• OSC

Hardware Vs. Software

You may have noticed from my OSC Toy Box blogs and YouTube Mix Breakdowns that I like to mostly use hardware keyboards/synthesisers (as opposed to software virtual-instruments). I thought it might be apt to have a broader discussion around why I opt to predominantly invest in and use hardware instruments as opposed to software and the whole "inside the box" versus "outside the box" debate.


For clarification:


"Inside The Box" means inside the computer (i.e. internally created and/or altered, edited, manipulated, processed, etc)

"Outside The Box" means outside the computer (i.e. externally created and/or altered, edited, manipulated, processed, etc)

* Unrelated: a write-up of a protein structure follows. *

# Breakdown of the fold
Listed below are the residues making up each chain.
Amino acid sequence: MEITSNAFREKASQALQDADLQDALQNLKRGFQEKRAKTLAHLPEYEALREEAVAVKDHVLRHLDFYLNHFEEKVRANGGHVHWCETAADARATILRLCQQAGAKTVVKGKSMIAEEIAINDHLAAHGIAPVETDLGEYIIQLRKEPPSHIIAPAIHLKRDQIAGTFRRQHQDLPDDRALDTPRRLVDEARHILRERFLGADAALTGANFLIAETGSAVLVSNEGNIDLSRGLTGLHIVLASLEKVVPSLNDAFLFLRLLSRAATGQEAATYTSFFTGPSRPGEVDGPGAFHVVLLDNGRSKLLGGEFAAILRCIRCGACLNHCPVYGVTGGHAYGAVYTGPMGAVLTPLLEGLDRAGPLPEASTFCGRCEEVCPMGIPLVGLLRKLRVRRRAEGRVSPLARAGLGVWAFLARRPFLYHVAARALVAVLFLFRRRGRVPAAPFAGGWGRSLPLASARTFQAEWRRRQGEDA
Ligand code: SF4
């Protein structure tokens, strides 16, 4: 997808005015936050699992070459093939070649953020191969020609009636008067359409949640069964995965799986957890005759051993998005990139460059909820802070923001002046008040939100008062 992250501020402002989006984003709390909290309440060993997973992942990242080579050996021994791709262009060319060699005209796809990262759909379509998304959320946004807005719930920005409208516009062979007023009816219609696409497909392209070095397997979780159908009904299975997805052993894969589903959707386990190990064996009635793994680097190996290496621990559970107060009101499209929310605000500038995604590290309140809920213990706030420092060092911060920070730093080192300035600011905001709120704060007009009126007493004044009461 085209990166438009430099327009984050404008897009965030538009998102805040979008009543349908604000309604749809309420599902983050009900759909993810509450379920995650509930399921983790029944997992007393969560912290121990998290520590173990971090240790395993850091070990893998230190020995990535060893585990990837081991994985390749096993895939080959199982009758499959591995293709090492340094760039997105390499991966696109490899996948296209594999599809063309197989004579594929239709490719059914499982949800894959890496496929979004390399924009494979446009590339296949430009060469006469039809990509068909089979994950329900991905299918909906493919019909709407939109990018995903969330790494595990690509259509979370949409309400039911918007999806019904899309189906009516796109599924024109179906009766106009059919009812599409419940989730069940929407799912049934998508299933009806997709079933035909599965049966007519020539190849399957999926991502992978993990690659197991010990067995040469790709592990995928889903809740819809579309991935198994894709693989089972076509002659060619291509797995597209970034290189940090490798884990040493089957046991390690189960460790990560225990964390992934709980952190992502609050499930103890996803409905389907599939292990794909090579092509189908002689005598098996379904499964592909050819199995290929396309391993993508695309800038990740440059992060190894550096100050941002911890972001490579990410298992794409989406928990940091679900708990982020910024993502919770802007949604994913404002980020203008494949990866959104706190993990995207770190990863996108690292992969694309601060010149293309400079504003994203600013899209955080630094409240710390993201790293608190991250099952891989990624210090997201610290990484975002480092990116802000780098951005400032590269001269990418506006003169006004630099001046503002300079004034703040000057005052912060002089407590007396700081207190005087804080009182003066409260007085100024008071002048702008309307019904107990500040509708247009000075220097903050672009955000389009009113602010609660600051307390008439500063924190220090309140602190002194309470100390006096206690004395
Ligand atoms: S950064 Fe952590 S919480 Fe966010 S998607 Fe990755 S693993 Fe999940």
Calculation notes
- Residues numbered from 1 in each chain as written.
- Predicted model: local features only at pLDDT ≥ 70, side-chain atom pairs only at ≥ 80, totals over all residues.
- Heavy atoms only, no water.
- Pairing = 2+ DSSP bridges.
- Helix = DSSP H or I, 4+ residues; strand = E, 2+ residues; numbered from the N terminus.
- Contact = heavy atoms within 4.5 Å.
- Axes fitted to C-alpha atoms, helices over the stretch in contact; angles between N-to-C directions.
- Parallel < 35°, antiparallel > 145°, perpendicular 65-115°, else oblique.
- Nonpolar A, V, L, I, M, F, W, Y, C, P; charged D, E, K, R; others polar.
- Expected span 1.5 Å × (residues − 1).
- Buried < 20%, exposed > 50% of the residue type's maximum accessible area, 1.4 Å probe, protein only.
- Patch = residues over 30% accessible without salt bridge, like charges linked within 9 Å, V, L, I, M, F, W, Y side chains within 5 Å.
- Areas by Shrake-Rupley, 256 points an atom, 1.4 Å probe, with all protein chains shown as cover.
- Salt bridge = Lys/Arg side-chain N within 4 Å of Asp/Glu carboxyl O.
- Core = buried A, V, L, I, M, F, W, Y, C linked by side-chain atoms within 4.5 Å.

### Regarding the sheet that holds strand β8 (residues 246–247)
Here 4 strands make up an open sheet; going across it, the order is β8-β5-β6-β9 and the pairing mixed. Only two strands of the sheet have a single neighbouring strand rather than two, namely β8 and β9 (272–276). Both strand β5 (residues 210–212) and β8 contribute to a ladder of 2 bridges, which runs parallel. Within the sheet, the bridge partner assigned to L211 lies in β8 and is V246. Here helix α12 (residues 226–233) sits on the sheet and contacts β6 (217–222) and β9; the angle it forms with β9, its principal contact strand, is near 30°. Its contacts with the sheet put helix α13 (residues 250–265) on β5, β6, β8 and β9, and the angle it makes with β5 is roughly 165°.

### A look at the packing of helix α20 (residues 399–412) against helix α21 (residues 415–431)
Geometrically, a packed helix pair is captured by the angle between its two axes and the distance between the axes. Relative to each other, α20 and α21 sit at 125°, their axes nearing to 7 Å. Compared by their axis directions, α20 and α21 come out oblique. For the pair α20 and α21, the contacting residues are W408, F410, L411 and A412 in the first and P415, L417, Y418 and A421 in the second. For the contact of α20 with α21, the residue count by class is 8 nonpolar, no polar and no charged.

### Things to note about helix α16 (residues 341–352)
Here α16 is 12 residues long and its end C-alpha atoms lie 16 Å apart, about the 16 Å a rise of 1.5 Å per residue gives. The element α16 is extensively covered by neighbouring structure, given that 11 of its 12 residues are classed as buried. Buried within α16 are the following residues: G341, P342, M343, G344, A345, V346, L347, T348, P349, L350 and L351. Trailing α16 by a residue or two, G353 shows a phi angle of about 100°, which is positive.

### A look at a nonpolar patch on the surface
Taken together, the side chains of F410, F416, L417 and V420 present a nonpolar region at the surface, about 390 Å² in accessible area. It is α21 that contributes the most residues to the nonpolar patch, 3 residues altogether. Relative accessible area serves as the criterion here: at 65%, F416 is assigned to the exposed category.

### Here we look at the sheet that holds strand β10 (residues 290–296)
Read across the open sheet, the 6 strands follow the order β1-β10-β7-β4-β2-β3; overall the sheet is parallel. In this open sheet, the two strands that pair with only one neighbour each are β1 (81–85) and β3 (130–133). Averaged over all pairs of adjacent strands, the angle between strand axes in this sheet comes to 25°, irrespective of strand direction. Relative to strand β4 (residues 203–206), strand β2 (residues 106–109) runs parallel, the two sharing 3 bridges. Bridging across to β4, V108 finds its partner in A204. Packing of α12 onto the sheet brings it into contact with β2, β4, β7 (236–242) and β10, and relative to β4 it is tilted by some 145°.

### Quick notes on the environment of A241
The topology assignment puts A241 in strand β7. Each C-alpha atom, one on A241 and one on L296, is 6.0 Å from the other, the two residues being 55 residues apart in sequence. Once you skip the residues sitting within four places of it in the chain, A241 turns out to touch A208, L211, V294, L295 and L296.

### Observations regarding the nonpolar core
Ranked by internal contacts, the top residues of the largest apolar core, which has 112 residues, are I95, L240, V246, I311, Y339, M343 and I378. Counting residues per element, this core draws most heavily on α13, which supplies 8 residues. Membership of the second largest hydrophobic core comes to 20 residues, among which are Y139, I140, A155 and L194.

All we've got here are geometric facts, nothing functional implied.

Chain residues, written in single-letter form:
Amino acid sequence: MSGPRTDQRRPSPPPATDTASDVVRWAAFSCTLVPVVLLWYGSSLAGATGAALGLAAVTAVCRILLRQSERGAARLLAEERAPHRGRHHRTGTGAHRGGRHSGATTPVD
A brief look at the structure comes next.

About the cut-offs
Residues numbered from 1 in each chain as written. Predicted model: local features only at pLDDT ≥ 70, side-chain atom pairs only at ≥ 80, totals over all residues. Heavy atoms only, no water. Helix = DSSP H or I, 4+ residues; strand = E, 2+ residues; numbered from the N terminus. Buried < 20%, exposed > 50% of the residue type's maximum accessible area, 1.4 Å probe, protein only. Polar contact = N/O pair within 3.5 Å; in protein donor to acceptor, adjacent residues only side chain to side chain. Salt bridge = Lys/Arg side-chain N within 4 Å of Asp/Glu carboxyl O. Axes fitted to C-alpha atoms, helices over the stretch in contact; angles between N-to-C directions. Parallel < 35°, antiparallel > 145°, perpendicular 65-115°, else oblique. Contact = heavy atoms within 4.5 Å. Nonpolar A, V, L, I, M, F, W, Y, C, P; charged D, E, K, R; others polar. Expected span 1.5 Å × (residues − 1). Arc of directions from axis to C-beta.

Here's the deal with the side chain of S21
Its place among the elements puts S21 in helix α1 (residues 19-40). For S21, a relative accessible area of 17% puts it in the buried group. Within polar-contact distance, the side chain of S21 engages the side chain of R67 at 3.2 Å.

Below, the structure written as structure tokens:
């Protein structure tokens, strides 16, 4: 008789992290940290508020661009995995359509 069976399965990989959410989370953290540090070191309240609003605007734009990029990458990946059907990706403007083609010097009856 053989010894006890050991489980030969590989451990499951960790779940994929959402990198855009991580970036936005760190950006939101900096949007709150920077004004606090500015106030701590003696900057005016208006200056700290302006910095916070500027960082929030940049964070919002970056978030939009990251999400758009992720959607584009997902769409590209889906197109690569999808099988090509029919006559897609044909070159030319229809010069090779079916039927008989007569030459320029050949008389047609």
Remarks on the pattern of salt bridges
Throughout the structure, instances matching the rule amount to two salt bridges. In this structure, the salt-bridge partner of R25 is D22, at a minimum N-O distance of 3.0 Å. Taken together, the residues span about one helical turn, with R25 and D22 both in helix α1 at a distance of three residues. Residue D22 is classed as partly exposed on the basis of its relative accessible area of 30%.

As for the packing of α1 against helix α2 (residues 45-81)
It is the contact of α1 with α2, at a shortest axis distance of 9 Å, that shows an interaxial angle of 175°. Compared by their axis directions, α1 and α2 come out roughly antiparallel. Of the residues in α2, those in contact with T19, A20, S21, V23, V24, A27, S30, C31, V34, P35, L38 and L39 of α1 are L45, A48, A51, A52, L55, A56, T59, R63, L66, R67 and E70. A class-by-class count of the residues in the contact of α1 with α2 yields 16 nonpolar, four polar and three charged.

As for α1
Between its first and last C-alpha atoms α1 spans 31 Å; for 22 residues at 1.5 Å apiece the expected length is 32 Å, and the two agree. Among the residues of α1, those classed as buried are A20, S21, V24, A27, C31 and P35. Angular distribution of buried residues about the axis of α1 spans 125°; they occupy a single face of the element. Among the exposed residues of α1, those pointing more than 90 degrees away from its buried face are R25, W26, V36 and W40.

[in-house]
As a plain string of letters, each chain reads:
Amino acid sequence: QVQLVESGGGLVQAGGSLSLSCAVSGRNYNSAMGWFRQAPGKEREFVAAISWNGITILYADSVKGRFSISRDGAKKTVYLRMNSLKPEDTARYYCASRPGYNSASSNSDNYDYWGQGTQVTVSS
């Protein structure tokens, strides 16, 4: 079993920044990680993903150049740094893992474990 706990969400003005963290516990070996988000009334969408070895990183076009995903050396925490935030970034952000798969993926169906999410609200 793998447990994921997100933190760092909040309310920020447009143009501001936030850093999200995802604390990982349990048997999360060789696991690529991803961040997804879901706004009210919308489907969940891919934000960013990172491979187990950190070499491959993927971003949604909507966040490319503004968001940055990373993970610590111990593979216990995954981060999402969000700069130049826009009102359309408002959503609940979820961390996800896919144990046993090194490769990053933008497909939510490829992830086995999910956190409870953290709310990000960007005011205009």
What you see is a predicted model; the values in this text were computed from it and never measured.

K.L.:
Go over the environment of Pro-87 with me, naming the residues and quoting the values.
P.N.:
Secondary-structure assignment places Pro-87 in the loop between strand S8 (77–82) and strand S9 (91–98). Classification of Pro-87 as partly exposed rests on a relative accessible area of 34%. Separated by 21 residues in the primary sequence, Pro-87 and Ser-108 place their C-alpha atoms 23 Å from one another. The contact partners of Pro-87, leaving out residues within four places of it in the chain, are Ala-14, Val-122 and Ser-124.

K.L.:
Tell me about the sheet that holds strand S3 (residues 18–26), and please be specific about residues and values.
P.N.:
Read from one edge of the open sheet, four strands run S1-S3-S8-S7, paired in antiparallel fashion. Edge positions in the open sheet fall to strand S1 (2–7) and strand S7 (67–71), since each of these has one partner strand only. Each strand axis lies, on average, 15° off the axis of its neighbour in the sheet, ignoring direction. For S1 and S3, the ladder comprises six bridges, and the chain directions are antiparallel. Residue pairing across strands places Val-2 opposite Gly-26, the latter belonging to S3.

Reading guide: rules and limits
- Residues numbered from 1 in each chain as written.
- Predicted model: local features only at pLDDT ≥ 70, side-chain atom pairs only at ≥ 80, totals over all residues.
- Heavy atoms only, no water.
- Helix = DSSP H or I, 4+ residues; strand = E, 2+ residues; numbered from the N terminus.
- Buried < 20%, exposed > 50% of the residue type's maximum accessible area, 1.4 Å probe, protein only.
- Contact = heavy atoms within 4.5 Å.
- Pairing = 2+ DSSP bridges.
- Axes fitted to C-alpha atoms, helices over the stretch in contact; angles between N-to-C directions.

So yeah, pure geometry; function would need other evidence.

I'll begin this article with a bit of backstory as to how and why I work the way I do and then address some specifics on why I cherry pick certain "outside" and "inside" methodologies.


Background: Old Habits Die Hard - Make It Outside, Mix It Inside (The Box)


My first meaningful experience of recording was done using a Yamaha AW16G hard disc recorder. I had almost no personal-computing experience as a kid, so the idea of recording on a computer seemed very alien (and expensive). These Yamaha HDD recorders however were the hot, new product in the early 2000s for budding home-recording artists (like me). I was in my teens and worked at a guitar and pro-audio store, so utilised my staff discount perk and blew all my wages on it!